I’m a bit of a sucker for refinement hence I like my minivans nicely finished, and to this end the top-line Sedona boasts plenty of soft touch synthetics in key areas, such as the entire dash top, much of the instrument panel, and the door uppers front to back, whereas the door inserts were covered in nicely padded stitched leatherette for a luxury look and feel. This level of premium-level pampering can’t be found in any of the Sedona’s Japanese competitors no matter how much you spend, with only the aforementioned Pacifica providing a similarly upscale environment.
It all comes together nicely too, with good attention to detail, especially the switchgear’s various buttons and knobs that are made from quality materials, are well damped, and fit together tightly, the three clusters of controls on the center stack especially impressive. The intuitively designed top row provides quick access to infotainment functions, in case you’d rather have an analog button to find your way around the touchscreen, one of which leads directly to the navigation interface that performed well, as noted earlier, but didn’t offer predictive city or street names when entering addresses, which was therefore a painstakingly slow letter-by-letter process.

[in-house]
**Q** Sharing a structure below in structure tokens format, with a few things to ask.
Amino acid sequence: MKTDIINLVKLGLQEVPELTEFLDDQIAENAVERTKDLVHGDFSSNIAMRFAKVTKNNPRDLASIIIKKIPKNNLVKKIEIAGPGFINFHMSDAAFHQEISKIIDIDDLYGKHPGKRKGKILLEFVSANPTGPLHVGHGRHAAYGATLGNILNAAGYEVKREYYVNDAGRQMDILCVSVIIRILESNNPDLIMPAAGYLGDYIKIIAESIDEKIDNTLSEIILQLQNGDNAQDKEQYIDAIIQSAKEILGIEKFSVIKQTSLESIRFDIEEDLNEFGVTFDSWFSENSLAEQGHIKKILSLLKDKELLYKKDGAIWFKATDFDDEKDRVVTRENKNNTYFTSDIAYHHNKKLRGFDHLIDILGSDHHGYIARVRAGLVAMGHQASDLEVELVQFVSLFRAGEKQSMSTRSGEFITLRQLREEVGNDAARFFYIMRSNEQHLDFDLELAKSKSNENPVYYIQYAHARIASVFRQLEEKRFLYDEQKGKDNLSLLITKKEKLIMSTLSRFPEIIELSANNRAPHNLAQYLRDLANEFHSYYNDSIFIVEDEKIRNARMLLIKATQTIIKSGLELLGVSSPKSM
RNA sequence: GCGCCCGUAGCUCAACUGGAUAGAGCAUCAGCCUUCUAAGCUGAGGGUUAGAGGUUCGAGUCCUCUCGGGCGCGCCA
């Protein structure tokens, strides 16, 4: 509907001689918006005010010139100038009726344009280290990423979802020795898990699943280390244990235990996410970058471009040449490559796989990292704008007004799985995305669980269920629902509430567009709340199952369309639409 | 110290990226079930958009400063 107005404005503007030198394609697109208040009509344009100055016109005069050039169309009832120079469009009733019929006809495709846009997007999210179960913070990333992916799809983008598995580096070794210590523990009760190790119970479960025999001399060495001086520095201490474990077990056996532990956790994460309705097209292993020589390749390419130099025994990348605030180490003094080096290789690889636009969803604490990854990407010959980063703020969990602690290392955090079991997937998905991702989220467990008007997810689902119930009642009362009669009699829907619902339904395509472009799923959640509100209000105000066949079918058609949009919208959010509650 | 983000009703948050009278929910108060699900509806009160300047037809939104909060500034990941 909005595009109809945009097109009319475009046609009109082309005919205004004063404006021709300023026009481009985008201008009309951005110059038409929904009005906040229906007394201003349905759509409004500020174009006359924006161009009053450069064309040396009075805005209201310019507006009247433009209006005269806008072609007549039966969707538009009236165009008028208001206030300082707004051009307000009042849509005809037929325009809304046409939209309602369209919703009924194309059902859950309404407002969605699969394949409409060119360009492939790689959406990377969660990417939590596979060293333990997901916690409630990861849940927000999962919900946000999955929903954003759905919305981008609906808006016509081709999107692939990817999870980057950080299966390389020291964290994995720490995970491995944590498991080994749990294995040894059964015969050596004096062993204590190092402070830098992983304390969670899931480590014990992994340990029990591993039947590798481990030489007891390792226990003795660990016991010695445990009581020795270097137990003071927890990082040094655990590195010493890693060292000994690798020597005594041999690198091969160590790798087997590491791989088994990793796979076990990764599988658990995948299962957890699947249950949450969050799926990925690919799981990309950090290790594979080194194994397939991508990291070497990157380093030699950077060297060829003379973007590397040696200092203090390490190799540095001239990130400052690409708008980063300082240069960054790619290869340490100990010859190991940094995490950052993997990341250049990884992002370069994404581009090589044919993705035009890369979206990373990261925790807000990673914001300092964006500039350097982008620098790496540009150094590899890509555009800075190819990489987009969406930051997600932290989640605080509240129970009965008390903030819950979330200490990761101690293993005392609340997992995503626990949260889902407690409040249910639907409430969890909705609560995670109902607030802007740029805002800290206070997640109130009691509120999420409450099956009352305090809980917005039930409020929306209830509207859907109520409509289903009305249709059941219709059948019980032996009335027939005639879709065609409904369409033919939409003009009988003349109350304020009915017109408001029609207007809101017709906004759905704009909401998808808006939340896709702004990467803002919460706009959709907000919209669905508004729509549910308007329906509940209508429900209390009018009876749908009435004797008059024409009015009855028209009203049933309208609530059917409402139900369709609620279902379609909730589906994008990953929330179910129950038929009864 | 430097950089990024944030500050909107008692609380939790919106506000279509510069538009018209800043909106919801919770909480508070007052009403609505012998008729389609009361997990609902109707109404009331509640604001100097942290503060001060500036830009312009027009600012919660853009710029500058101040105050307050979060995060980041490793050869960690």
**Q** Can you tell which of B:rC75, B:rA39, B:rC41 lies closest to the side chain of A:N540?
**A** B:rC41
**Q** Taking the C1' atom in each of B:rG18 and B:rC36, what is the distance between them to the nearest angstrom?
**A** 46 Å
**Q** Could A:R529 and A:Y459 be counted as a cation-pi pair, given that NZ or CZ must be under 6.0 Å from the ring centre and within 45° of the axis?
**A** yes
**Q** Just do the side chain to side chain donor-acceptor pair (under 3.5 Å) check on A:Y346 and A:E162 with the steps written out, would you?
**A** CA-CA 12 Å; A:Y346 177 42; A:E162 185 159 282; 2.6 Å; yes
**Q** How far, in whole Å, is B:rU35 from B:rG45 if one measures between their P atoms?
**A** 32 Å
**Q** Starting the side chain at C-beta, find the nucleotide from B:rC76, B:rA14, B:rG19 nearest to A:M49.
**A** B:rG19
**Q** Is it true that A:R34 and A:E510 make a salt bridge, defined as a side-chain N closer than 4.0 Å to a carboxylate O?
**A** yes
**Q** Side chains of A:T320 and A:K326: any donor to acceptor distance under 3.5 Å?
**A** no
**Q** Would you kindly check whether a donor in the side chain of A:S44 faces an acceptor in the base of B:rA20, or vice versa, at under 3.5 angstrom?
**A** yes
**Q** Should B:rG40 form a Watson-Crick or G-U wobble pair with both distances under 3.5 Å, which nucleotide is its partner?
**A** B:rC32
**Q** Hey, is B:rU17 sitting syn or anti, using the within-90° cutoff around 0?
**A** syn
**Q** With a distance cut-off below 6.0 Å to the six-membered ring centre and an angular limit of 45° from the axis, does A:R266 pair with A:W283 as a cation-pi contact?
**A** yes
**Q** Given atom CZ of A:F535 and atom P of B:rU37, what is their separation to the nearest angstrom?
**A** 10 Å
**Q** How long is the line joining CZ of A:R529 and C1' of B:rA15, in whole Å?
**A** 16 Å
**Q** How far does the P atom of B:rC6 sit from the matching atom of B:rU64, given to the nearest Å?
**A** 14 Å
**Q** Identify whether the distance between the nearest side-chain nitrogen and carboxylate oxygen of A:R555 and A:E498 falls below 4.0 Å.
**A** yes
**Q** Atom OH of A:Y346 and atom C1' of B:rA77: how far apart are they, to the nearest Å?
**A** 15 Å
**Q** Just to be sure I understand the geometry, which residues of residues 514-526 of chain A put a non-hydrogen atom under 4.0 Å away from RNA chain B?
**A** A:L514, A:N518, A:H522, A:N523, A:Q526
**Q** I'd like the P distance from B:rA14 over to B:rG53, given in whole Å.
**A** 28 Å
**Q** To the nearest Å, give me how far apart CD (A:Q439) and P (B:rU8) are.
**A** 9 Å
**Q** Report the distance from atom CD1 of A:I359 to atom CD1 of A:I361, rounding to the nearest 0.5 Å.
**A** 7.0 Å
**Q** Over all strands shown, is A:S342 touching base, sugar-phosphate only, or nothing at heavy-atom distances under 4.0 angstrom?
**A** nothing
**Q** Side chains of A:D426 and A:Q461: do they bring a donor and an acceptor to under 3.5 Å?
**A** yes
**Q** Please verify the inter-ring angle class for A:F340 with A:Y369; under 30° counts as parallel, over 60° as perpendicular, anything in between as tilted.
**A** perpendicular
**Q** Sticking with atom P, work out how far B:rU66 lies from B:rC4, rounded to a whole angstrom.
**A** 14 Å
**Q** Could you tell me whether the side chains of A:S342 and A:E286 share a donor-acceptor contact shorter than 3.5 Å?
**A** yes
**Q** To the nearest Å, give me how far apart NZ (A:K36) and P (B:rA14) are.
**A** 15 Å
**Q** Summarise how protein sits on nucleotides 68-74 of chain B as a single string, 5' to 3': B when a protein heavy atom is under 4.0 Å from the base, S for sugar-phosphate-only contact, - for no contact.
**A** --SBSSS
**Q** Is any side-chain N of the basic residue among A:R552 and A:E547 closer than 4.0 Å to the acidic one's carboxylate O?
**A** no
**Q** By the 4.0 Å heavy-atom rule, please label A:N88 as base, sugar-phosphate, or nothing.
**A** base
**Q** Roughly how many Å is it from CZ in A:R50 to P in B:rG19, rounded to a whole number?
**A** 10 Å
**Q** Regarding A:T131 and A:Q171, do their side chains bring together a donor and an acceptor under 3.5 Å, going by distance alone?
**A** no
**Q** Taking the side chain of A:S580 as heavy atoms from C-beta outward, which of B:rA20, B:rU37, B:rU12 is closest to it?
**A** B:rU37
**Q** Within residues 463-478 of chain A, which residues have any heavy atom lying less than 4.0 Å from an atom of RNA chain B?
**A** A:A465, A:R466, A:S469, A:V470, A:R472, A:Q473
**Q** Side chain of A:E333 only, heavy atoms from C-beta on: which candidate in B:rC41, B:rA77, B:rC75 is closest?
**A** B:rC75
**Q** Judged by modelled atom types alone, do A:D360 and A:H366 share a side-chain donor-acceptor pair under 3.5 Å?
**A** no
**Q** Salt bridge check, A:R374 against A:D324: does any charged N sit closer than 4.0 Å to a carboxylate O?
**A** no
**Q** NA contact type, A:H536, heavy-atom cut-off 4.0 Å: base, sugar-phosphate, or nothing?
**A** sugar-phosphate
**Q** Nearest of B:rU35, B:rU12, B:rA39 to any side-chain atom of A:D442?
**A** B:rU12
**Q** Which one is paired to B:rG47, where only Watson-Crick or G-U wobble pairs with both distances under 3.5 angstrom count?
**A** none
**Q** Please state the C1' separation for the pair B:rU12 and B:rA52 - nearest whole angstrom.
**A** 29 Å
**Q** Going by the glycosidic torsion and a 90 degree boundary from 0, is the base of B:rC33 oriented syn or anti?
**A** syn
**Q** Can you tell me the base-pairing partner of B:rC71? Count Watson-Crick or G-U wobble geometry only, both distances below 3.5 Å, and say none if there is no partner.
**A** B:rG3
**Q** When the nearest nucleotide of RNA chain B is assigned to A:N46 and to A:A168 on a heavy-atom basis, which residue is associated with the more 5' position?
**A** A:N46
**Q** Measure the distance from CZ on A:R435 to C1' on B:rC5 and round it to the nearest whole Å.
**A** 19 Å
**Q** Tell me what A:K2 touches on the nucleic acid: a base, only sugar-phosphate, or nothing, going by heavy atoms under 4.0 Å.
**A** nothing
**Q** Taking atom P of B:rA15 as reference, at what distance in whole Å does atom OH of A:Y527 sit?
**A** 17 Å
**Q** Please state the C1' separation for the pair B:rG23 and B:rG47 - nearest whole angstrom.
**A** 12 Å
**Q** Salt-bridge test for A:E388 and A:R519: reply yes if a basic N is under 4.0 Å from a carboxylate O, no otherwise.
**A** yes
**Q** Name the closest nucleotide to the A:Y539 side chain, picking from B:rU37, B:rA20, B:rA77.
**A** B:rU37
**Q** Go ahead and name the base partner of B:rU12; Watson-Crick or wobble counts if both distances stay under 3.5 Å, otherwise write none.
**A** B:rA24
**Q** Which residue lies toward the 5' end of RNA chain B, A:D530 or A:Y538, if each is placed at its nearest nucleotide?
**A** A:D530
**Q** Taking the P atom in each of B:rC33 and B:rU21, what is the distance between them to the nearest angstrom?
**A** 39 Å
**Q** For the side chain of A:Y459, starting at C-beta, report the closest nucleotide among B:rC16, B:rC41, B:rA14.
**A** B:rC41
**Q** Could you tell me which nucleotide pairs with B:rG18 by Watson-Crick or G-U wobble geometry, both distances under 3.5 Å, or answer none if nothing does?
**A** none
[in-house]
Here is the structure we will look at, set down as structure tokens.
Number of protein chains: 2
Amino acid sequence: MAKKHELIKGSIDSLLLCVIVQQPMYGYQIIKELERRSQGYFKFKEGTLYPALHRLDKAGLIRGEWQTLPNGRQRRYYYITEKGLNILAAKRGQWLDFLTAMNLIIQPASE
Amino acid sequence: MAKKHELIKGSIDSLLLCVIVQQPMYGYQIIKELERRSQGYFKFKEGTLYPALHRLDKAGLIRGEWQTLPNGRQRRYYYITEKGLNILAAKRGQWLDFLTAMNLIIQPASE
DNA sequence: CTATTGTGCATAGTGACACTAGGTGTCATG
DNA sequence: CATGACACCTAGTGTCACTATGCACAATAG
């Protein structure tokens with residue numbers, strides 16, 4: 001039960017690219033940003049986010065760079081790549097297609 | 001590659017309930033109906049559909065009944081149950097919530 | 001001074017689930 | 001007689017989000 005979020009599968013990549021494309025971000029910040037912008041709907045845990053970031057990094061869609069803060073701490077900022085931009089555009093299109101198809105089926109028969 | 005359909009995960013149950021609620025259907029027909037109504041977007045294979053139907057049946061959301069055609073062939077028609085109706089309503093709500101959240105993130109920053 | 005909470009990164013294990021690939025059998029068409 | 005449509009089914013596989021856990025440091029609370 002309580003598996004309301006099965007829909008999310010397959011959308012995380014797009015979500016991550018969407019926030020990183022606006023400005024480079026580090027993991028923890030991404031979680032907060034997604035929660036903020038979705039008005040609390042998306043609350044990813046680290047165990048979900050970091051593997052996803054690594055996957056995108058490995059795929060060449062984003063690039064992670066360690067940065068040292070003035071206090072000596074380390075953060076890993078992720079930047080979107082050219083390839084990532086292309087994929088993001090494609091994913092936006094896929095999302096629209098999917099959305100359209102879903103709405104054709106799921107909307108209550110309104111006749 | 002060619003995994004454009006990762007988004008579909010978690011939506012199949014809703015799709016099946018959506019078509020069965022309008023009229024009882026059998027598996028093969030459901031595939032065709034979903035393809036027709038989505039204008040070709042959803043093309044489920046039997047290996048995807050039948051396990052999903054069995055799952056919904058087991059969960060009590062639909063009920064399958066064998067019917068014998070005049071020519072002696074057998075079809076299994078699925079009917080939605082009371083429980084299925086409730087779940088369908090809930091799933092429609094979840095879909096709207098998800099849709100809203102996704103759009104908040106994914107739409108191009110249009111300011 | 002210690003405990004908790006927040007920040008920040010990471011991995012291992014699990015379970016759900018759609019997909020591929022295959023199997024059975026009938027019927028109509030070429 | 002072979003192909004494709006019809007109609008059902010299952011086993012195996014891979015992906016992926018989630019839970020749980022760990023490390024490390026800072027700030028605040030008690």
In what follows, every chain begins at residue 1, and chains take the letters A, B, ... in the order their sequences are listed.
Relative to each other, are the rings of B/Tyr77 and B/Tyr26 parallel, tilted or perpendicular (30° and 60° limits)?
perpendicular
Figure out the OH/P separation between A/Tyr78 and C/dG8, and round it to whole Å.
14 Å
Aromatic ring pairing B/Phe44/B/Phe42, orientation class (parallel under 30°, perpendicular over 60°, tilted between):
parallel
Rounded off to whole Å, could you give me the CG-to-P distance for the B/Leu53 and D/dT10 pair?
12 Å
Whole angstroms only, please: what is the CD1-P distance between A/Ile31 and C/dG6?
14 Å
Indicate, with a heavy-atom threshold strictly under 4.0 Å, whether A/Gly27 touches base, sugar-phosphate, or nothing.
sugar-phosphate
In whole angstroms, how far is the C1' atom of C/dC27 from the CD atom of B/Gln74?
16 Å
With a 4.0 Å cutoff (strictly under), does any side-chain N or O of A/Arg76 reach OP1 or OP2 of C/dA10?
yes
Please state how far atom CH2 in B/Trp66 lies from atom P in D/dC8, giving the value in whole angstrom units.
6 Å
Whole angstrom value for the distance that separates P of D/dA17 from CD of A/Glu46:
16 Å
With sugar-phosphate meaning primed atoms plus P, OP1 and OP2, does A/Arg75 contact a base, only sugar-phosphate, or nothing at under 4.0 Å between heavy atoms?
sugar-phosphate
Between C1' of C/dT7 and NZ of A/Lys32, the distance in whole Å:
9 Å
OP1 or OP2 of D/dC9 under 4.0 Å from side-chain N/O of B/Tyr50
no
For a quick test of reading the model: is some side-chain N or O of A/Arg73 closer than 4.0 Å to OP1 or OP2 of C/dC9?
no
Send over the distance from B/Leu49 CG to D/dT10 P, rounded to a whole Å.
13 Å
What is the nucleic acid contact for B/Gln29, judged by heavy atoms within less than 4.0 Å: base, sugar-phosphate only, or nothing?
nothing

While the Sedona excels in passenger comfort, my tester was a bit behind the pack regarding interior versatility. Like most vans in the segment, the third row of seats folds flat into the floor, but the second-row seats in my top-line version couldn’t easily be removed or folded flat. For this reason I personally wouldn’t opt for the SXL Prestige Package, as much as I like most of its added features. On all trims below, Kia includes its aforementioned Slide-n-Stow second-row seats that smartly squeeze up against the front seatbacks when maximizing cargo space, so consider this when optioning out your Sedona. Personally, I’d rather Kia left the second-row seat upgrade as a standalone option, so I could get the other Prestige features without the less useful seats. “Upgrading” to the Prestige Package also means that second-row passengers lose their heatable cushions, which is clearly not worth it for ski/snowboard-bound families or those living in colder climates.
Also of note, despite a squared-off almost blocky rear design the Sedona isn’t quite as spacious as most rivals, with total interior space less than the Toyota Sienna, Honda Odyssey, and Chrysler Pacifica, although I’m not talking by much. In case you want to compare numbers, total Sedona interior volume measures 165.8 cubic feet, while cargo space behind the last row is 33.9 cubic feet, aft of the second row is 78.4 cubic feet, and with the second row removed is 142.0 cubic feet.